Projection 31

Unrolling Processes
Films by Laida Lertxundi, Hollis Frampton, and James Benning 

6:30pm / Tuesday 28 May 2013  
Irish Film Institute (6 Eustace Street, Temple Bar, Dublin)

The central work of this month's programme, curated by Esperanza Collado, is The Room Called Heaven, the most recent film from Los Angeles-based Spanish filmmaker, Laida Lertxundi. Lertxundi’s filmmaking expresses situations of process: perceptual processes, film production processes, and the process in which a film runs from one reel to the other.
The notion of process connects The Room Called Heaven with the structural reflections of Hollis Frampton's Lemon – an exploration of luminous modulation unrolling in time, translated to the volumetric illusion of space – and the positioning of the cinematographic medium between a mobile condition and a static one, as suggested in James Benning's Ten Skies

Lemon, Hollis Frampton 
USA, 1969, colour, silent, 16mm transferred to digital file, 7 mins.

"As a voluptuous lemon is devoured by the same light that reveals it, its image passes from the spatial rhetoric of illusion into the spatial grammar of the graphic arts." (Hollis Frampton).

A Room Called Heaven, Laida Lertxundi 
Spain-USA, 2012, colour, sound, 16mm, 11 mins.

American plains and high altitudes assembled in a B-roll structure take us to a place of sounds*. Plans américains show color and temperature shifts while an emotional room tone is sustained for the length of a 400ft camera roll. (Laida Lertxundi). *Vision: Sound on Screen, Michel Chion. 

Laida Lertxundi (Bilbao, 1981) makes films with non-actors, landscapes and sounds. Her films have been selected for the 2012 Whitney Biennial, and shown at the Views from the Avant-Garde New York Film Festival, BFI London Film Festival, CCCB Barcelona, Hong Kong Space Museum, ICA London, Tate Modern, Museo Nacional Centro de Arte Reina Sofia, etc.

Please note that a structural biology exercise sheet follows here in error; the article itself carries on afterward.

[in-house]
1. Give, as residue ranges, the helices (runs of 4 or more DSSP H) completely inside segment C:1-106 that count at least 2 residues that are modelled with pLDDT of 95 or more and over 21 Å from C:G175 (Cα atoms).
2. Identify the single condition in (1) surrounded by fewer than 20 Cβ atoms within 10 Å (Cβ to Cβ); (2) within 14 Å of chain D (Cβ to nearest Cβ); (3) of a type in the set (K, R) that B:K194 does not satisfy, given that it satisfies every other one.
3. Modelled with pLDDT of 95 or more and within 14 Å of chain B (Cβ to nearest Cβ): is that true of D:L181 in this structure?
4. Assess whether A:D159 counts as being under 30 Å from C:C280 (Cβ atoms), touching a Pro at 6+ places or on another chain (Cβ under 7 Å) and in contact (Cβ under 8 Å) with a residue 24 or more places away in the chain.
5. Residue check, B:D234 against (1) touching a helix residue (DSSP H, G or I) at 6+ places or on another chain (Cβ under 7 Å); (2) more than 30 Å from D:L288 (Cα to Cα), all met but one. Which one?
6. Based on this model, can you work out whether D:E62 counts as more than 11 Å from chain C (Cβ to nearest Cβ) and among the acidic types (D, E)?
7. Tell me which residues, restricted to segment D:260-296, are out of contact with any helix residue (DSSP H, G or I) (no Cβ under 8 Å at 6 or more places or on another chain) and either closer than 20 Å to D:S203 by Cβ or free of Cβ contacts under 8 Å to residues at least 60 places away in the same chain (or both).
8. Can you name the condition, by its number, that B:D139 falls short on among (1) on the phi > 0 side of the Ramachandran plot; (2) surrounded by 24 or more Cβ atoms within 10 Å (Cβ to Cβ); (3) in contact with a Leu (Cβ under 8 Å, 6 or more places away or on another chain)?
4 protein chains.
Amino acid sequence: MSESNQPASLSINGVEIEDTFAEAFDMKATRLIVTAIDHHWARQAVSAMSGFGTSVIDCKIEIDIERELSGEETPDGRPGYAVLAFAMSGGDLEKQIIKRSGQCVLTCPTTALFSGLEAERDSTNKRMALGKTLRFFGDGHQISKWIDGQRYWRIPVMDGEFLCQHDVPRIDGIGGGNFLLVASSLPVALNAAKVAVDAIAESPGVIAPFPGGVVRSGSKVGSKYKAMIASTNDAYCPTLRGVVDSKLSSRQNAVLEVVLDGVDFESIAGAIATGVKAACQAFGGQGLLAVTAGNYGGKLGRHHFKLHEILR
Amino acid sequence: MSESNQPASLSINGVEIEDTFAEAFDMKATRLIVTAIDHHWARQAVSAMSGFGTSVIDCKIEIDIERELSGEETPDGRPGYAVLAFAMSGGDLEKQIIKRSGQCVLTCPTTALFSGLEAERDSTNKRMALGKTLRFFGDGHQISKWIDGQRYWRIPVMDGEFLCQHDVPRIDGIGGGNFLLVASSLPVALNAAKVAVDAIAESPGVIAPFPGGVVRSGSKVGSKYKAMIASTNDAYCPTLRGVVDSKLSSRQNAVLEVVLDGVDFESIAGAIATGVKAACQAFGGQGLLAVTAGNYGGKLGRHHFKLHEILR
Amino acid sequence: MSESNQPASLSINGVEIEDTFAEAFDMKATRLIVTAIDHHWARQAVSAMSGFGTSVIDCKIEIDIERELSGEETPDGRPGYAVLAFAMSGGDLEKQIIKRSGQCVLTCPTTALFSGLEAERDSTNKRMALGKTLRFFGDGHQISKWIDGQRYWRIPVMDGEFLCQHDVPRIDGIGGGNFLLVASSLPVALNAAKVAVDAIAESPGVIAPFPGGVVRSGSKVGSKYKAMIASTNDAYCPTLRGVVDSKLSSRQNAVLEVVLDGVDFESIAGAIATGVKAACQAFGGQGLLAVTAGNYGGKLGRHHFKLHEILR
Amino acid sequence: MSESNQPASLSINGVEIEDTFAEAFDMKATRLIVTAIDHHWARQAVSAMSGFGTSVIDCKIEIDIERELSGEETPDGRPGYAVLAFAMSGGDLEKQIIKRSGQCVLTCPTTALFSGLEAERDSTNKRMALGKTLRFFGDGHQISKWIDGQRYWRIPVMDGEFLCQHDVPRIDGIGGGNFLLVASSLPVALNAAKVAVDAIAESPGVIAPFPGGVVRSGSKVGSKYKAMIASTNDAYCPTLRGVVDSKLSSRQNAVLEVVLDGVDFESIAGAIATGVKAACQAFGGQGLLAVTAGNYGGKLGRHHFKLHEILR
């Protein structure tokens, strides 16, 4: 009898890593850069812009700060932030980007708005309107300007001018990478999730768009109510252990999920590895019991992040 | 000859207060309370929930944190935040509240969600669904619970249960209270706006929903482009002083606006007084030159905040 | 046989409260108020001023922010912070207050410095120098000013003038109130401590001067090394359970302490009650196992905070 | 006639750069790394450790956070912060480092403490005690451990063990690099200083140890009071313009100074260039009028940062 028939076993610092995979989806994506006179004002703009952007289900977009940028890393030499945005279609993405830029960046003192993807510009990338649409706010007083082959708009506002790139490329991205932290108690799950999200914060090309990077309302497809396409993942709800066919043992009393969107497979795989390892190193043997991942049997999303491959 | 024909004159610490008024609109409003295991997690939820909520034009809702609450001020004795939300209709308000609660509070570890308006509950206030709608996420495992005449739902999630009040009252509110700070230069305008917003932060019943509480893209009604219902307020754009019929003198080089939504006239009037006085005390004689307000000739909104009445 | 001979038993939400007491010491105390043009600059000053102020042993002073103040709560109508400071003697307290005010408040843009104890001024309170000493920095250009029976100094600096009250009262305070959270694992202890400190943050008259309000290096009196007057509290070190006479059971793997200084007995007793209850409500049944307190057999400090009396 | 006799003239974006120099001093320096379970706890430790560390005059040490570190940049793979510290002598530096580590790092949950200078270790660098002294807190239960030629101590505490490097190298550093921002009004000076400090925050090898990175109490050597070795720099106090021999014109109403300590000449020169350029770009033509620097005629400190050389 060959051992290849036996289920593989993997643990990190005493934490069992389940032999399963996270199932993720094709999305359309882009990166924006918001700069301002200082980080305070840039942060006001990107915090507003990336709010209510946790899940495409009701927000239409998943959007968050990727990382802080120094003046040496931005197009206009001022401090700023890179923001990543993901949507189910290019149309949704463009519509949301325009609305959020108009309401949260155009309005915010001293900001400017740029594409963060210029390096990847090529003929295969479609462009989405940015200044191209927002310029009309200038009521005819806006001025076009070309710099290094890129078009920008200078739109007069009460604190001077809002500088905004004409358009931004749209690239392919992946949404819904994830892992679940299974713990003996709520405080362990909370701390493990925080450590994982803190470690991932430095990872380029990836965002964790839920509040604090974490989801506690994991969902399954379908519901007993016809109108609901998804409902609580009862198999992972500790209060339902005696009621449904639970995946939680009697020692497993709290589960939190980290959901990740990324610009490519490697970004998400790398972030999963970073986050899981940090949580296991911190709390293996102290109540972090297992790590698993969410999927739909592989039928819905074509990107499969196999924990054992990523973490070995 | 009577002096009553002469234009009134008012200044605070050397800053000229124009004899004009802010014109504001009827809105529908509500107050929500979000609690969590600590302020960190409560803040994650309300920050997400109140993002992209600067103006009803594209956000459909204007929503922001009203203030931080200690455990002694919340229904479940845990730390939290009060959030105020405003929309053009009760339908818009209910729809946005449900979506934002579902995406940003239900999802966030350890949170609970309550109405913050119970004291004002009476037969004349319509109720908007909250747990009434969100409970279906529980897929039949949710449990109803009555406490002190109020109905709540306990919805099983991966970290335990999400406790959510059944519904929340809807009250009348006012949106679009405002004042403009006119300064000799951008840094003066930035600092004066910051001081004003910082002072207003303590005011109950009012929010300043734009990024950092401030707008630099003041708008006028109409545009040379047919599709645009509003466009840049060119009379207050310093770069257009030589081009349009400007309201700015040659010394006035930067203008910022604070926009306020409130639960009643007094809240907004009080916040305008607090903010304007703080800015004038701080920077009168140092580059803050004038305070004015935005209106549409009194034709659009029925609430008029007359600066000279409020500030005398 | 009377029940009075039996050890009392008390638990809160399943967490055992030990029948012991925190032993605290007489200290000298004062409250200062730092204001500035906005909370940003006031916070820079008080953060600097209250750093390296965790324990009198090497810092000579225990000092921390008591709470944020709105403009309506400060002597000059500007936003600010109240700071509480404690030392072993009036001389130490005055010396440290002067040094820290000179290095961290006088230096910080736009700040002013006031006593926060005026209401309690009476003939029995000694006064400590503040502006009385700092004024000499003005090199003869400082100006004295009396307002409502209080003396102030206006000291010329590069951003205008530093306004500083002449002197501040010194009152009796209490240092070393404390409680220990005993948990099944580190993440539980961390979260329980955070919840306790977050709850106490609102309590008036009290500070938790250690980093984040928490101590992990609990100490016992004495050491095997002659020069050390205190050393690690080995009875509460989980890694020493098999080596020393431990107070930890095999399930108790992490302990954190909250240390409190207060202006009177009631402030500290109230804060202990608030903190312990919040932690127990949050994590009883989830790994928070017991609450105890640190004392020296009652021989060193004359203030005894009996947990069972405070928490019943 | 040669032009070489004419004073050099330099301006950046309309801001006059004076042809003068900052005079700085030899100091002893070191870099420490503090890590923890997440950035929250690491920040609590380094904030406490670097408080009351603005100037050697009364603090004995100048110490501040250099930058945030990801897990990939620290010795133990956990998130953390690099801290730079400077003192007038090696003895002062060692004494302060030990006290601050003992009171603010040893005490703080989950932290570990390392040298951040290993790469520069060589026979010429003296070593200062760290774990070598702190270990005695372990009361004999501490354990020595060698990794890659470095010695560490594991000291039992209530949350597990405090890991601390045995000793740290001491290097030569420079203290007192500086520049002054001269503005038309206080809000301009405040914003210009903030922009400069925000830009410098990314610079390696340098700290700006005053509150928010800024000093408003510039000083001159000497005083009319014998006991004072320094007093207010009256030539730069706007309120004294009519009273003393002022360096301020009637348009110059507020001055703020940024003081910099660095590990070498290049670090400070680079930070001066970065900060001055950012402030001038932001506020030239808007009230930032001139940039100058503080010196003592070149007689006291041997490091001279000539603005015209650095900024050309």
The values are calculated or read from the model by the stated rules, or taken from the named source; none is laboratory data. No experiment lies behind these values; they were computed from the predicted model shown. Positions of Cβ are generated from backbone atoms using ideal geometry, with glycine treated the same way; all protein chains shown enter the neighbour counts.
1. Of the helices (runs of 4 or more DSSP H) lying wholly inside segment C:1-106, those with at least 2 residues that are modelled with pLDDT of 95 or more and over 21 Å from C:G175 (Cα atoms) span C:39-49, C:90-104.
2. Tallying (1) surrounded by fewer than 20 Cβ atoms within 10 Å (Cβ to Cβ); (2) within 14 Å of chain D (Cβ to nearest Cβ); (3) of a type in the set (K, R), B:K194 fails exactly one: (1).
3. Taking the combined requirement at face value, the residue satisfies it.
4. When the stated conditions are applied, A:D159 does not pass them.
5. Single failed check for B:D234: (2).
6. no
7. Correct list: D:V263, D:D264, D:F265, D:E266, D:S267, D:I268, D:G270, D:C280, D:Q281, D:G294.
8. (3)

Ten Skies, James Benning 
USA, 2004, colour, sound, 16mm, 99 mins.

 "Ten Skies is a companion film to 13 Lakes. It too looks at light; here, directly at its source – the sun. All ten skies were filmed from my backyard in Southern California: skies formed from weather systems, mountain land currents, wildfires, pollution, and the wind; skies as a function of landscape; the sound giving clues about the land below. Each sky is a detail selected from the whole; sometimes filled with drama, sometimes a metaphor for peace. I'm really interested in the ways the sky changes in reaction to the landscape below – how the clouds look above the mountains, over flat lands, above a forest fire, which was kind of creating its own weather system. There's this one shot where these two white clouds are in the frame and then this black cloud from behind comes up and covers the whole frame – it makes a wipe! The whole thing is very dramatic, and it's just cloud movement. All the shots end up with a dynamic quality. I never saw that before, I never had the courage. It took me fifty years to look at the sky like that! I call it 'found paintings'. I think of my landscape works now as anti-war artworks – they' re about the antithesis of war, the kind of beauty we're destroying. The Ten Skies works came about because I'm thinking about what the opposite of war is." (James Benning) "One of this unique filmmaker's greatest works, and on paper, one of his most minimalist: ten shots of the sky, each lasting ten minutes. But the experience of watching – and hearing – it is fabulously rich and intense. The skyscapes are filled with life and change at the speed of light. The soundtrack creates an equally rich narrative space by way of ten short stories that are 'insinuated' without ever being 'explained.' A masterpiece." (Alexander Horwath)